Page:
The Frock-Coated Communist: The Revolutionary Life of Friedrich Engels

The Frock-Coated Communist: The Revolutionary Life of Friedrich Engels

Tristram Hunt

Language: English

Pages: 450


Format: PDF / Kindle (mobi) / ePub

Friedrich Engels is one of the most attractive and contradictory figures of the nineteenth century. Born to a prosperous mercantile family in west Germany, he spent his career working in the Manchester cotton industry, riding to the Cheshire hounds, and enjoying the comfortable, middle-class life of a Victorian gentleman. Yet Engels was also the co-founder of international communism - the philosophy which in the 20th century came to control one third of the human race. He was the co-author of The Communist Manifesto, a ruthless party tactician, and the man who sacrificed his best years so Karl Marx could write Das Kapital. Tristram Hunt relishes the diversity and exuberance of Engels's era: how one of the great bon viveurs of Victorian Britain reconciled his raucous personal life with this uncompromising political philosophy. Set against the backdrop of revolutionary Europe and industrializing England - of Manchester mills, Paris barricades, and East End strikes - it is a story of devoted friendship, class compromise, ideological struggle, and family betrayal.

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tongue of fire, but have you ever defended justice?’ he demanded of the Sage of Weimar whose career he ridiculed for its courtier-like servility towards princes and patrons.45 Börne's cause was cultural and intellectual freedom under a system of modern liberal governance, and he was highly dismissive of the nostalgic forests-and-ruins conservatism of traditional Romanticism. Exiled in Paris, having run foul of Metternich's censors, he moved towards republican politics whilst lobbing sarcastic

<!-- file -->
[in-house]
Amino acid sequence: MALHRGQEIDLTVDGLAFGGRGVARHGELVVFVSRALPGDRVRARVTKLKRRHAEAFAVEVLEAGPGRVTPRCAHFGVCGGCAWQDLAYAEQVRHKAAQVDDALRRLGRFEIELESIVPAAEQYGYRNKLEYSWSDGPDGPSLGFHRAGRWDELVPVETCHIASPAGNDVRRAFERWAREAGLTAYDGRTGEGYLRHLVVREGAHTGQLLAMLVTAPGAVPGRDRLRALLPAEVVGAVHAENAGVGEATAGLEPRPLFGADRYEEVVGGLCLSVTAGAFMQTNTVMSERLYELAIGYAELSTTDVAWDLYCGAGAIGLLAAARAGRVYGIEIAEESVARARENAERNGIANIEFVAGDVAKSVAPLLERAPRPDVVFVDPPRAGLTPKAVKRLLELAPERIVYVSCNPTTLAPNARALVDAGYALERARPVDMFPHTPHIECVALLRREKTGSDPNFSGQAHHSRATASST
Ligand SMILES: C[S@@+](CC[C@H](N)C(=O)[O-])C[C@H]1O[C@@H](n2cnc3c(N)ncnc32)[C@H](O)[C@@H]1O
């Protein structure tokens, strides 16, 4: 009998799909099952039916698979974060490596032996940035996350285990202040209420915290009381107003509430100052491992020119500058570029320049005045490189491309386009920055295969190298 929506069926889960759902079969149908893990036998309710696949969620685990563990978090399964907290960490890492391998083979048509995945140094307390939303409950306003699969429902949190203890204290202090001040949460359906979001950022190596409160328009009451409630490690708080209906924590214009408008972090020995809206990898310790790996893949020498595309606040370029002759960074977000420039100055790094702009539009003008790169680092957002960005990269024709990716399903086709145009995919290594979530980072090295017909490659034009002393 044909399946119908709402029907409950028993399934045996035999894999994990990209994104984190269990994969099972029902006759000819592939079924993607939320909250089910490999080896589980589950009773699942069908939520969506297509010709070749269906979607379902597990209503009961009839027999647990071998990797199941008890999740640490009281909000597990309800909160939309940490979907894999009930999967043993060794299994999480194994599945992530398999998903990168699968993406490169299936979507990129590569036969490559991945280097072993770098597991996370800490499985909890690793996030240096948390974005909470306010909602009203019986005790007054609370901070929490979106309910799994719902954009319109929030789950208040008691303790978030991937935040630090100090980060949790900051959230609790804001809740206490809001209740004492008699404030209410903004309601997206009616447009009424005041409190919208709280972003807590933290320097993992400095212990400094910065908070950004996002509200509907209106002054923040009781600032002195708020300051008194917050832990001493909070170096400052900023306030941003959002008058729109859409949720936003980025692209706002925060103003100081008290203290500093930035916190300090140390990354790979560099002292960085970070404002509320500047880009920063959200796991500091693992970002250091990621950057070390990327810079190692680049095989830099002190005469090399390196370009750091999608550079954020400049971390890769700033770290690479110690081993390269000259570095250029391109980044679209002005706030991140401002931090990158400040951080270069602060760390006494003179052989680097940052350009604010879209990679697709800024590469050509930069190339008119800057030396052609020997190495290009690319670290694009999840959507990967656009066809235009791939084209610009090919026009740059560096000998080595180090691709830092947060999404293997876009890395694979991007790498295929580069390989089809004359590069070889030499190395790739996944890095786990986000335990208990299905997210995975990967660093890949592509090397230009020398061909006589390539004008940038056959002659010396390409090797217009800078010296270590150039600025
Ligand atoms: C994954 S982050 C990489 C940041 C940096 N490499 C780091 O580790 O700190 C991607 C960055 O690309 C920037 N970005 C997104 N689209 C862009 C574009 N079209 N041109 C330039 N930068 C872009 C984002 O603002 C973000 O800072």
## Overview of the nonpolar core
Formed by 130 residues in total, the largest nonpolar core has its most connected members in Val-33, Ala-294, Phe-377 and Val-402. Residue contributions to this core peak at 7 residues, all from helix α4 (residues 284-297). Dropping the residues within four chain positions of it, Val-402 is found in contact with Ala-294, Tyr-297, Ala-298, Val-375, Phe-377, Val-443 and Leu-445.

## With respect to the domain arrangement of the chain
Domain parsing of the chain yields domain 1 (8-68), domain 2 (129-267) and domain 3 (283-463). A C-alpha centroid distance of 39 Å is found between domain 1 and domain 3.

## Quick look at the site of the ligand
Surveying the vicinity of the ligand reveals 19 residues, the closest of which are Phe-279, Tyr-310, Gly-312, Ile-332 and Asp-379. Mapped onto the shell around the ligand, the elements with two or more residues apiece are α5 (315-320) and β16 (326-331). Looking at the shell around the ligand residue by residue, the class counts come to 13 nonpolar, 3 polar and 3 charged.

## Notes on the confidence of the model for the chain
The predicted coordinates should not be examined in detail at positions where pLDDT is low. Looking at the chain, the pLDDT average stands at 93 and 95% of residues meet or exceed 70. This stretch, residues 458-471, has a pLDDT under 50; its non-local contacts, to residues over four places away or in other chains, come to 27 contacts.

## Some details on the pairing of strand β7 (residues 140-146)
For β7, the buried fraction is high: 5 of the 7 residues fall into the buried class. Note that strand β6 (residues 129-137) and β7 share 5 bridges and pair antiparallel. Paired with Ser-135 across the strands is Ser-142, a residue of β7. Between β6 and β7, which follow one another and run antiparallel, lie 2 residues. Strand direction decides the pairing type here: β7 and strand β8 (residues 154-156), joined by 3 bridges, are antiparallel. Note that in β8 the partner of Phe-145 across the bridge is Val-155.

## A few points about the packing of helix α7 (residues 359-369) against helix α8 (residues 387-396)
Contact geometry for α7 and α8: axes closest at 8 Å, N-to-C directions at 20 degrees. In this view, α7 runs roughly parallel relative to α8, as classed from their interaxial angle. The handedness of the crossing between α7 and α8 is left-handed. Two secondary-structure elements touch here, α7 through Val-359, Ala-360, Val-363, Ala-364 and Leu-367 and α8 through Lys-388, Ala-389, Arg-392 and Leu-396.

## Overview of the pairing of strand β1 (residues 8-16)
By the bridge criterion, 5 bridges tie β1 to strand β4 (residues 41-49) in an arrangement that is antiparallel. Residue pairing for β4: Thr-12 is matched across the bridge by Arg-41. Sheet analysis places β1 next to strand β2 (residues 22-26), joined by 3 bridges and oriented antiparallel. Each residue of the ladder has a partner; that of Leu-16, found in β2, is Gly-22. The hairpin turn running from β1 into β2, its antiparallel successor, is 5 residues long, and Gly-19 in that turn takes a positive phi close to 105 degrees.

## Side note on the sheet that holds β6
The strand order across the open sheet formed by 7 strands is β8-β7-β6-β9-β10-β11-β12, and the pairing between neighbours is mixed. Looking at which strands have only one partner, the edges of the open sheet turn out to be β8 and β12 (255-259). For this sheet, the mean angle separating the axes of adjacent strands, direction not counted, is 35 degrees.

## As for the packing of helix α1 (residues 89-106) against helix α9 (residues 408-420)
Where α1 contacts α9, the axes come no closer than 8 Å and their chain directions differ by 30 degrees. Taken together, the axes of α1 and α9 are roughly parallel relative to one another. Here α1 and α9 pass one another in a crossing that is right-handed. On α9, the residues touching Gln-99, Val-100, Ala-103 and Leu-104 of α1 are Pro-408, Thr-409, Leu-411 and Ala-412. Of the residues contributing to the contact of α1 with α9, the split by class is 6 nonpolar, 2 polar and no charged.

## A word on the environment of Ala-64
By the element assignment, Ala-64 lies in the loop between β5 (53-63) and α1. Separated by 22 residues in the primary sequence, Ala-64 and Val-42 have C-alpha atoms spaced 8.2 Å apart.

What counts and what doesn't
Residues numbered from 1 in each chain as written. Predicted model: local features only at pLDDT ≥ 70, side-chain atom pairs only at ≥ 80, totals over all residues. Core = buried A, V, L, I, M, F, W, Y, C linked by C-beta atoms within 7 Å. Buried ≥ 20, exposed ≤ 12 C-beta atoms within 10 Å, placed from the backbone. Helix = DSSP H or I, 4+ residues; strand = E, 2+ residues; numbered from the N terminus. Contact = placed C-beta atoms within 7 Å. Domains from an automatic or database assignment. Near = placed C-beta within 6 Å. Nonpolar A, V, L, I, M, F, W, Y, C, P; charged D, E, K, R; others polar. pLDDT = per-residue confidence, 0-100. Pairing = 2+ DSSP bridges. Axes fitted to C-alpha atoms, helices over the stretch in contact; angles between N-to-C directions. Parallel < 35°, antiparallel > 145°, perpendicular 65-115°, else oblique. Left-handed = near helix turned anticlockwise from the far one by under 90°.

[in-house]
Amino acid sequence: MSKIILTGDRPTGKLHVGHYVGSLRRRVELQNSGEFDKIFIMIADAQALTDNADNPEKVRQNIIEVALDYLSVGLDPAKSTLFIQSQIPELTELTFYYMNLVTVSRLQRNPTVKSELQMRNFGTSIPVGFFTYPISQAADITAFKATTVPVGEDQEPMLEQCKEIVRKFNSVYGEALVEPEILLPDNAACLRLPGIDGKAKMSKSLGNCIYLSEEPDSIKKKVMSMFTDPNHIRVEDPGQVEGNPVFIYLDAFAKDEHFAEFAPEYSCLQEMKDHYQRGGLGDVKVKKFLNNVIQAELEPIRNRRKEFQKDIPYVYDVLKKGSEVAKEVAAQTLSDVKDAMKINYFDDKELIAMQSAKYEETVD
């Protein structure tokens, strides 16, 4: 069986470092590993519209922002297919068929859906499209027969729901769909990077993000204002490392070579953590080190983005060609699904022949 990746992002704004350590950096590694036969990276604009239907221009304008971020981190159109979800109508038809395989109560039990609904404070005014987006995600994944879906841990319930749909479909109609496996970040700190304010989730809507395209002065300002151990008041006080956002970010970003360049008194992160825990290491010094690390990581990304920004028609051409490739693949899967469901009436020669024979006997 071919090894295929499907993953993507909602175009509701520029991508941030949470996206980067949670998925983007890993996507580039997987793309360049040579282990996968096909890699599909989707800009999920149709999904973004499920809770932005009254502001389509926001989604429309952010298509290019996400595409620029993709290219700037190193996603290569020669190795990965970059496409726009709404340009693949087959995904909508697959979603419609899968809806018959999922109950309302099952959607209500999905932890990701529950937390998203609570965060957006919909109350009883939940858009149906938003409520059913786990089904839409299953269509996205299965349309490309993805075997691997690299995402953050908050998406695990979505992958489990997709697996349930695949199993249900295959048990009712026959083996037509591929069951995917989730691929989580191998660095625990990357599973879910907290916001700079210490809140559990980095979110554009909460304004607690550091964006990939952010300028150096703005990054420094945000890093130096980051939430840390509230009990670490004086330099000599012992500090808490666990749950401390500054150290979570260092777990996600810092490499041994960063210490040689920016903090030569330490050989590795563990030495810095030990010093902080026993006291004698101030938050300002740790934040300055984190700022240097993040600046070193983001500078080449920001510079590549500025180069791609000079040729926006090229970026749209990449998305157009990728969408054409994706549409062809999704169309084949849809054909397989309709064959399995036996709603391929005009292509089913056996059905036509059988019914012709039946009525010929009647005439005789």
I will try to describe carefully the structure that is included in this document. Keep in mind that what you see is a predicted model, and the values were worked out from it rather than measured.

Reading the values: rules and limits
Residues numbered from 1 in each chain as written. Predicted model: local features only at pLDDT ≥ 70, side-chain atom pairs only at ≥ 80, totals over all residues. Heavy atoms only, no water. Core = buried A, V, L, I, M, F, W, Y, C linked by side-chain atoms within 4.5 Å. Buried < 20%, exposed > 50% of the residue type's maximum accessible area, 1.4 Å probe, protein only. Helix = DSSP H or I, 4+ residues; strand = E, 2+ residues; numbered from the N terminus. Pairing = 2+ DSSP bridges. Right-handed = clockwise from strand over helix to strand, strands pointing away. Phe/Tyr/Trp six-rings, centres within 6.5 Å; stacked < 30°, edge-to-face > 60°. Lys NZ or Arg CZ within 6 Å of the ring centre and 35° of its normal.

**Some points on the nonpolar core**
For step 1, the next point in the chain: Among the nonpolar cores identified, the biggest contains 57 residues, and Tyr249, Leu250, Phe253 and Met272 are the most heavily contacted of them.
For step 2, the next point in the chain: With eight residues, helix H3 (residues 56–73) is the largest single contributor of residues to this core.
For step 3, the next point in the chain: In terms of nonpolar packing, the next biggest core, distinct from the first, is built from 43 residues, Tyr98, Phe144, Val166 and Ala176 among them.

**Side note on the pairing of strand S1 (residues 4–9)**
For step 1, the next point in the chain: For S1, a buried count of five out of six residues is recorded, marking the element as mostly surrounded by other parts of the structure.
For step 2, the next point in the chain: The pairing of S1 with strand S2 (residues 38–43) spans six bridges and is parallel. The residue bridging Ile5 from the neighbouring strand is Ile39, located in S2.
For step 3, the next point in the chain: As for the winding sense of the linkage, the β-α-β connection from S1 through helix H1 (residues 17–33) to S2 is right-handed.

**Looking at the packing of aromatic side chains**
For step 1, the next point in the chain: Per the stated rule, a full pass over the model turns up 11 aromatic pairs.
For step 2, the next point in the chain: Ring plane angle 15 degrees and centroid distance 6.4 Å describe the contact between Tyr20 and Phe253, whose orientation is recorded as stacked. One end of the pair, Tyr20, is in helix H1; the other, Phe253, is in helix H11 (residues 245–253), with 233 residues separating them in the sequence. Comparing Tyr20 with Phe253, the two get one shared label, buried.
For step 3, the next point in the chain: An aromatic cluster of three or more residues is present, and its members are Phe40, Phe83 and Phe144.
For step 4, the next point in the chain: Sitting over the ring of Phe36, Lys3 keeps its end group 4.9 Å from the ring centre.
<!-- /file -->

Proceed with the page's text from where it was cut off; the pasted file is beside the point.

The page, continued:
generation of trade unions, with their belief in class solidarity and socialist ideology, to the guild-like conservatism of the old craft unions. ‘These new trade unions of unskilled men and women are totally different from the old organizations of the working-class aristocracy and cannot fall into the same conservative ways,’ he told Laura before recounting with almost paternal pride Tussy's role in radicalizing the East End.35 These then were Engels's people: not the SDF demagogues or the

greater good of the communist cause. Over twenty long years, in the prime of his life, he endured a self-loathing existence as a Manchester millocrat in order to allow Marx the resources and freedom to complete Das Kapital. The notion of individual sacrifice, so central to communist self-definition, was there at the movement's birth. This extraordinary deference to Marx's mind made great periods of Engels's adult life a time of painful contradiction. Symbolically, at the heart of the Marxist

directing their attention towards Hess's wife. Sibylle Hess, née Pesch, was, according to Cologne police reports, a former prostitute turned seamstress whom Hess rescued from the gutter as much out of political conviction as emotional attachment – ‘he wished to perform an act expressive of the need for love among men and for equality between them’, according to Isaiah Berlin. However, Sibylle had a wandering eye.74 In July 1846 Engels agreed to help Hess by smuggling the passport-less Mrs Hess

merchant homes of Barmen there was a renewed cultural stress on the value of a tight-knit household. This vehement championing of the family unit expressed itself in an almost suburban ethic: a high-bourgeois desire to draw the curtains tight, seal off the corrupting outside world and seek spiritual renewal in the simple pleasures of domestic ritual – reading, embroidery, pianoforte performances, Christmas celebrations and birthday parties. ‘It is really nice and homely to have a piano!’ Engels's

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